A Word for EgyptBy Rabbi Jack Abramowitz
Starting with this chapter, Jeremiah delivers prophecies regarding the fates of a variety of other nations. In this chapter, he speaks of Egypt.
The army of Egypt prepares for war with Babylonia, but they end up breaking rank and running away in fear. No matter how swift or strong, they will not escape; they will be overcome by the Babylonian forces. Egypt’s army used to be like the Nile itself, rising up and flooding the land. Now the army of Nebuchadnezzar has come and the Egyptians are at a loss for what to do. On that day, G-d will take vengeance against those guilty of the murder of King Yoshiyahu (Josiah – see II Chronicles 35). There will be a massacre in the north, where Egypt confronts Nebuchadnezzar.
There is no cure for Egypt’s ills. When their army flees, their mighty warriors will crash into one another and both will fall.
G-d spoke to Jeremiah about Babylonia’s impending invasion of Egypt. He was to proclaim publicly that they should prepare themselves for the sword. Why are their warriors being swept away? None of them can stand before G-d. Those who originally fled to Egypt for safety would try to return to their homelands (but presumably not be successful in the attempt). They will say that Pharaoh talked big but didn’t act when it was time and now it’s too late. G-d says that Egypt will be exiled and desolate. Egypt was formerly like a beautiful cow, but now her princes are like fattened calves – useless in the battle. The cry of Egypt will go forth like a snake and Babylonia will come against them like lumberjacks in the woods. They will chop the Egyptians down because the Babylonians are so numerous.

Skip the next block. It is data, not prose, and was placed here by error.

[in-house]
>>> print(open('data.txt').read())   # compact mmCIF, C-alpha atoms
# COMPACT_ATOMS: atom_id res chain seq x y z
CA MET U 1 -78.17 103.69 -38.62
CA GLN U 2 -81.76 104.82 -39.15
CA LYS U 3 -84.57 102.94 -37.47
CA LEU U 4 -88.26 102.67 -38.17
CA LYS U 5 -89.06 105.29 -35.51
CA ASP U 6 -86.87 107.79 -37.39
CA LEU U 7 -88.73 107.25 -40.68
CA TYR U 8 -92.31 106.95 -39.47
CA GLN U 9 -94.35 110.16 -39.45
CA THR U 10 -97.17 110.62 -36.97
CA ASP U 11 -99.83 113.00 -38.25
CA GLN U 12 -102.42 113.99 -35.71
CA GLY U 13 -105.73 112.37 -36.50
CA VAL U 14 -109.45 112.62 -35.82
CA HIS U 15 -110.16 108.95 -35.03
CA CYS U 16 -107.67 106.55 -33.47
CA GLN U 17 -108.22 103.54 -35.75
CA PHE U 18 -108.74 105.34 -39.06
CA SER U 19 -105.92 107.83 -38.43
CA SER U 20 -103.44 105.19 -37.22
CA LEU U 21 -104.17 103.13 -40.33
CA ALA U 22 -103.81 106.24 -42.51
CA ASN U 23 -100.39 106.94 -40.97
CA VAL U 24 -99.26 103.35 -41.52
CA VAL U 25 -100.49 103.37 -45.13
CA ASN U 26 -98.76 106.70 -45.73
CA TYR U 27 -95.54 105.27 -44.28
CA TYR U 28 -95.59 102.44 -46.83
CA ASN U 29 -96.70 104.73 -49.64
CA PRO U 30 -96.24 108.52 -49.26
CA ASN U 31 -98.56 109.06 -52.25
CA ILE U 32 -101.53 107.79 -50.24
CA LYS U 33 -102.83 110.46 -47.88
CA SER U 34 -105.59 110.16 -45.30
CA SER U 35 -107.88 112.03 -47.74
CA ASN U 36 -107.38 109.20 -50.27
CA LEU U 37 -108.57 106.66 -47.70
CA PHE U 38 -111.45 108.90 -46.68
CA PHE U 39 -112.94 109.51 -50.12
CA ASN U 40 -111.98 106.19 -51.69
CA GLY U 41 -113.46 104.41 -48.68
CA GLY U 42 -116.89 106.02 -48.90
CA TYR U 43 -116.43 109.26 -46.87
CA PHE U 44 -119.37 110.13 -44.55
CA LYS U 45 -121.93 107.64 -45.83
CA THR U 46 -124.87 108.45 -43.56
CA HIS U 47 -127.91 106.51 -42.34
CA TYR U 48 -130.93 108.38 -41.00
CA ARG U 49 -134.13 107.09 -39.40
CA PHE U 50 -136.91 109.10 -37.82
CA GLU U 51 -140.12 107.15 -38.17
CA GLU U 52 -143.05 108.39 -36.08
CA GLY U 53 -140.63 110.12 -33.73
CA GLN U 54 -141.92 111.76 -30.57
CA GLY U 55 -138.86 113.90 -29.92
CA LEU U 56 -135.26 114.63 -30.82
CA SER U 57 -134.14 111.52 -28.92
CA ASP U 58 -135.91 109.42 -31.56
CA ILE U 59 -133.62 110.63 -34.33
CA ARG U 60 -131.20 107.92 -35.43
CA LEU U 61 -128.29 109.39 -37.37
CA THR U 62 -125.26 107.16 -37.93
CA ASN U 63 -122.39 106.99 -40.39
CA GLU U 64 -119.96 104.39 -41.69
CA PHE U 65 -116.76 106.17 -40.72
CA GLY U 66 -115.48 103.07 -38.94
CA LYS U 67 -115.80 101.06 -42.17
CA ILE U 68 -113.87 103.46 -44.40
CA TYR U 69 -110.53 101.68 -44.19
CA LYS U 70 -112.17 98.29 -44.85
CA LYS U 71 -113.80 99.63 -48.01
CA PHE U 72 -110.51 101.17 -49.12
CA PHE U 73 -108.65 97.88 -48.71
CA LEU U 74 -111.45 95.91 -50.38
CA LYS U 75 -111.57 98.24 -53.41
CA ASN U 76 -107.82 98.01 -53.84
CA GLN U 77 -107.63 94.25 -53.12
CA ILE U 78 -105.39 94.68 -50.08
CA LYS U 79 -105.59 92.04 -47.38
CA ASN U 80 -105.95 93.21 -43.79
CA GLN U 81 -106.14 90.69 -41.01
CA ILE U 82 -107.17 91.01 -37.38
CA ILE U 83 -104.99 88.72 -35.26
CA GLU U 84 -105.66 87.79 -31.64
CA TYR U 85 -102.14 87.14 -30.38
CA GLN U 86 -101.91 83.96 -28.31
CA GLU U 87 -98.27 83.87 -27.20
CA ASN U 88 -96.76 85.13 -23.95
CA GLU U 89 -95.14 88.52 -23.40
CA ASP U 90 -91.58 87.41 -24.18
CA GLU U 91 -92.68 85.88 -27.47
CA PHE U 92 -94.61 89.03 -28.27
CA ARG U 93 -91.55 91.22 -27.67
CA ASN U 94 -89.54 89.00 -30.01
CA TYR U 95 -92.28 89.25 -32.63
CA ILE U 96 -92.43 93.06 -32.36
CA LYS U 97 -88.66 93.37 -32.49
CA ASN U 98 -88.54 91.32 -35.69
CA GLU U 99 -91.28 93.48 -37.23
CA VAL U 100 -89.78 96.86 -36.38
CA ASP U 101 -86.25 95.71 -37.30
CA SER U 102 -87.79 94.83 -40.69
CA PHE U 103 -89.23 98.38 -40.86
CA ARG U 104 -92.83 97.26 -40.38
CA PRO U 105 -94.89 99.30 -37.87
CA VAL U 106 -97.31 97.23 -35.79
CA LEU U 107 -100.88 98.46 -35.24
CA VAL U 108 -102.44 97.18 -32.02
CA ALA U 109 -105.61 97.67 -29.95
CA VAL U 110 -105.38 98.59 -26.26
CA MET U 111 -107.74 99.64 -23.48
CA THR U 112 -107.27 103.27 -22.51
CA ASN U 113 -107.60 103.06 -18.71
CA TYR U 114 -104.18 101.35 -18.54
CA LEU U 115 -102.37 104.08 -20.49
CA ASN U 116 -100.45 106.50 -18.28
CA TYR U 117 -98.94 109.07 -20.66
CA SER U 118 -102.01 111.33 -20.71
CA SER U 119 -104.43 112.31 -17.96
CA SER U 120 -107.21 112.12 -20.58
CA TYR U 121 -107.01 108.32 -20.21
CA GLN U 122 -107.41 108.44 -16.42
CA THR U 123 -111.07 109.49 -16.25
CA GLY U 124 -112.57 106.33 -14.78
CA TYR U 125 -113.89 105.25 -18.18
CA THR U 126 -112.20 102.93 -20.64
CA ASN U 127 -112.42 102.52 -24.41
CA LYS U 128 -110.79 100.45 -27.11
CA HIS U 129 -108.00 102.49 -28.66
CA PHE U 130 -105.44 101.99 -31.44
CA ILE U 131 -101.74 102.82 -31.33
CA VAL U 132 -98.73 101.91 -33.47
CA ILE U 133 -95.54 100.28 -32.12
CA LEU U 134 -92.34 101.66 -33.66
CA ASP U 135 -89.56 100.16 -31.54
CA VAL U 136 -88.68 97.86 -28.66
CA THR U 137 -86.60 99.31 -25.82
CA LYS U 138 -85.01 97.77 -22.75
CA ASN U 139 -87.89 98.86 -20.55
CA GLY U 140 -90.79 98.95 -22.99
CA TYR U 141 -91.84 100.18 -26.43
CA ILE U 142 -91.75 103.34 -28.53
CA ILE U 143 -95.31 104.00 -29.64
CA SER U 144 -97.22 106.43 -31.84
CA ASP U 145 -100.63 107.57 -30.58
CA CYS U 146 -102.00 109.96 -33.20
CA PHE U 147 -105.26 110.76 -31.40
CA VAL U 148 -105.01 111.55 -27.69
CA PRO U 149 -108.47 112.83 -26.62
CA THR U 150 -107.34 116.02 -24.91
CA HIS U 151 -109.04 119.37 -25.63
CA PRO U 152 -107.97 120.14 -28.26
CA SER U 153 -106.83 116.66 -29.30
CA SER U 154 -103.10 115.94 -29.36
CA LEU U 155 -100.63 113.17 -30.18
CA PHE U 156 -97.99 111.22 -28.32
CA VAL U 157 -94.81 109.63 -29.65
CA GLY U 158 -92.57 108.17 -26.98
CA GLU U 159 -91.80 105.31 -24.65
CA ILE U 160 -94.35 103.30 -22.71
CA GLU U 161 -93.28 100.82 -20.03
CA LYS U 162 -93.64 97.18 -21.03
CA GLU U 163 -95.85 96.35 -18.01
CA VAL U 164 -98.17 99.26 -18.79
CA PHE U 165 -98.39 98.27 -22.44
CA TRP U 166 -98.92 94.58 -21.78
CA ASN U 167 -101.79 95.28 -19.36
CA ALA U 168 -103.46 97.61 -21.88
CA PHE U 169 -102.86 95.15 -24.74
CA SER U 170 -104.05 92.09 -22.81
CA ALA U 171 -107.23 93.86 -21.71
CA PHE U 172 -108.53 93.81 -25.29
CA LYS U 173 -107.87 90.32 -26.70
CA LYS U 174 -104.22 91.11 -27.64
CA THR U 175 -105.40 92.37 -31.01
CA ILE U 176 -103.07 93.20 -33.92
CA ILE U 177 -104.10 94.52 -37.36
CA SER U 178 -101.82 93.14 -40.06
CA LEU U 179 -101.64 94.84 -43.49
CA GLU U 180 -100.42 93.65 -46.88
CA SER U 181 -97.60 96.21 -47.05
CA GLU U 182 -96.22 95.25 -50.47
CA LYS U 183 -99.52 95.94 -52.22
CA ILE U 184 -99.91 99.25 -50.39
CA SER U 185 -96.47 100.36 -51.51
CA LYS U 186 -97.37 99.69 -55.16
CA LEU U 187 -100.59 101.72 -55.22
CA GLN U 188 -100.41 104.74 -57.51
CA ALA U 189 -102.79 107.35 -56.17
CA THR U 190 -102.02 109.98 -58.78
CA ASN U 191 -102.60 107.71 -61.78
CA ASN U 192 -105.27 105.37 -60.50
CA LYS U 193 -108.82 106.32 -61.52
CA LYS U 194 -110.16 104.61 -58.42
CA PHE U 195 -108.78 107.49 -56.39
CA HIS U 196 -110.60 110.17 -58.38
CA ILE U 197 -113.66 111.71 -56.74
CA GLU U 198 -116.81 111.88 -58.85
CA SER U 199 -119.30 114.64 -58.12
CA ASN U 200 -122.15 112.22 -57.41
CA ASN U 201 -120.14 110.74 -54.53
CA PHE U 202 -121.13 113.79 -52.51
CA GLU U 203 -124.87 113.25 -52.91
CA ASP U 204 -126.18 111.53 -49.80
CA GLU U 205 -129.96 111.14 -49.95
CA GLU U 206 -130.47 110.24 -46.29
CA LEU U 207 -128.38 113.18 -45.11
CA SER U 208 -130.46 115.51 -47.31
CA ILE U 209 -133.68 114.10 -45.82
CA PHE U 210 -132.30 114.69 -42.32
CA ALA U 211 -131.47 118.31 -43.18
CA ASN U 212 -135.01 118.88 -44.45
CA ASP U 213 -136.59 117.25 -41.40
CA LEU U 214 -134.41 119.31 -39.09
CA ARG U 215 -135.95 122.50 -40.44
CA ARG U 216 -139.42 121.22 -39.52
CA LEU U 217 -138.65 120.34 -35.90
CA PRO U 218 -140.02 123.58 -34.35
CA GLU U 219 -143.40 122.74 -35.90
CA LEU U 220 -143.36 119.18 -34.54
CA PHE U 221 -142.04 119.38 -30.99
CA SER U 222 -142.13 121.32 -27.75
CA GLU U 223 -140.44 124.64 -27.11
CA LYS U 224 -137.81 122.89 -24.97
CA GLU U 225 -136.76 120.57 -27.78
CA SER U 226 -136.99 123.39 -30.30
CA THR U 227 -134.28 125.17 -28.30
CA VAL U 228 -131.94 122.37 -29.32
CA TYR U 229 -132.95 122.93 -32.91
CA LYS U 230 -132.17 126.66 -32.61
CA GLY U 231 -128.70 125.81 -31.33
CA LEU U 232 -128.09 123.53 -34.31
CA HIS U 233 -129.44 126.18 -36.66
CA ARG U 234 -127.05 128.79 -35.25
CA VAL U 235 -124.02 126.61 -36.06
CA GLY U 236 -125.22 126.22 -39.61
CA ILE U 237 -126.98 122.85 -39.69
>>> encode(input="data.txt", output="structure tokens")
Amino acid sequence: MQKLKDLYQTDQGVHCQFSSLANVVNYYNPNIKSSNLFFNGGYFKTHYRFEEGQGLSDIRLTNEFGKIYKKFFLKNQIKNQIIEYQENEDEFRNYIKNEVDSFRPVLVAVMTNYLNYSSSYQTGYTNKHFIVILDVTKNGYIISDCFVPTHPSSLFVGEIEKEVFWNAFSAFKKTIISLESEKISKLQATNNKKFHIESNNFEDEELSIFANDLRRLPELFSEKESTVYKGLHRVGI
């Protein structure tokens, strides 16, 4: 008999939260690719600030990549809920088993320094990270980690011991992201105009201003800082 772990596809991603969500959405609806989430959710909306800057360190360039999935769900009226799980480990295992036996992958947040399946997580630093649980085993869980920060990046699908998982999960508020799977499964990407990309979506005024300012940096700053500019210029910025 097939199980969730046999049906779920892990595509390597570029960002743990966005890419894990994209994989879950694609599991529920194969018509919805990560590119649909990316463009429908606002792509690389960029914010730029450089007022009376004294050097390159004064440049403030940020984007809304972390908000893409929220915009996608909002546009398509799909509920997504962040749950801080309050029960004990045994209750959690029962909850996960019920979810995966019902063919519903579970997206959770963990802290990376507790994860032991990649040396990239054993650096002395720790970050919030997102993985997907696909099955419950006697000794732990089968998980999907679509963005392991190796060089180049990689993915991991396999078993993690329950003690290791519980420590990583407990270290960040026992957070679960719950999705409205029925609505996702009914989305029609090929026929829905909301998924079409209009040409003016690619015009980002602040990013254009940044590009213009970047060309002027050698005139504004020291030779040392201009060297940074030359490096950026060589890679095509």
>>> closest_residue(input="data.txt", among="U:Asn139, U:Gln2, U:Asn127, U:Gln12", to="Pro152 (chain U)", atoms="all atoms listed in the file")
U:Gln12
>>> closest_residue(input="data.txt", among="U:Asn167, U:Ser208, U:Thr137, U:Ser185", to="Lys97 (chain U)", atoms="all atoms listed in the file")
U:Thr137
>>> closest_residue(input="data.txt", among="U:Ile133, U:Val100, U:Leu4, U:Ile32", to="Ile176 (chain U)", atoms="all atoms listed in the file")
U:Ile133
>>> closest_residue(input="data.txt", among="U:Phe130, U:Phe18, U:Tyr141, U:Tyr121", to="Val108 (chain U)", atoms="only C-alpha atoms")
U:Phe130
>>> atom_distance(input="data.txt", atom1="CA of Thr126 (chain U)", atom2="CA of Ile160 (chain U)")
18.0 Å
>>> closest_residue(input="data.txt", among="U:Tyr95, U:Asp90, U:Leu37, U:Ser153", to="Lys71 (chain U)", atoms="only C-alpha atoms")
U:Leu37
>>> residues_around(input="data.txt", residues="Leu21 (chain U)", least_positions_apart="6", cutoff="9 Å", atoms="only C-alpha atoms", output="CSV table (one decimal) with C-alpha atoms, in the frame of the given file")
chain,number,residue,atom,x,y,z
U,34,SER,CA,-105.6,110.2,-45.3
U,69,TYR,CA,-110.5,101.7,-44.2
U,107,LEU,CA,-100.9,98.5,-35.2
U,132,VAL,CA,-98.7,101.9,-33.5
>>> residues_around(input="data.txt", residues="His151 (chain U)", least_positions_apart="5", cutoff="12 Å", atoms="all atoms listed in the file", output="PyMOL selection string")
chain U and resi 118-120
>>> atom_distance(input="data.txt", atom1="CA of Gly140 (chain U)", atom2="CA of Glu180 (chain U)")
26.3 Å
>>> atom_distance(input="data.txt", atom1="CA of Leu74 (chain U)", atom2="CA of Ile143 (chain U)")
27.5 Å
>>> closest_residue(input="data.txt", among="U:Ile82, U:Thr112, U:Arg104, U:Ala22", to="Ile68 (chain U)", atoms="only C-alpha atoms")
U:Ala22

G-d says that He will take care of business with the idol of Alexandria, as well as Pharaoh and the other idols and princes. They will fall into the hands of Nebuchadnezzar, but one day the land of Egypt will be populated. (They will never again be a world power, though.)
The few righteous Jews who were dragged to Egypt against their will are told not to fear. They will be redeemed in safety. They are faithful servants and G-d is with them, but He will make an end of the nations where they have been exiled. The Jewish nation will be chastised, but never completely destroyed.
The Pharoah of this chapter is called “Pharaoh Neco,” which the Targum Yonason translates as “Pharaoh the lame.” Why was this Pharaoh lame? A well-known Midrash says that King Solomon’s throne was adorned with a variety of mechanical animals. When this Pharaoh had King Yoshiyahu killed, he confiscated Solomon’s throne from the palace. Not knowing how to operate it, he was wounded by a mechanical lion (Leviticus Rabbah 20:1, et al).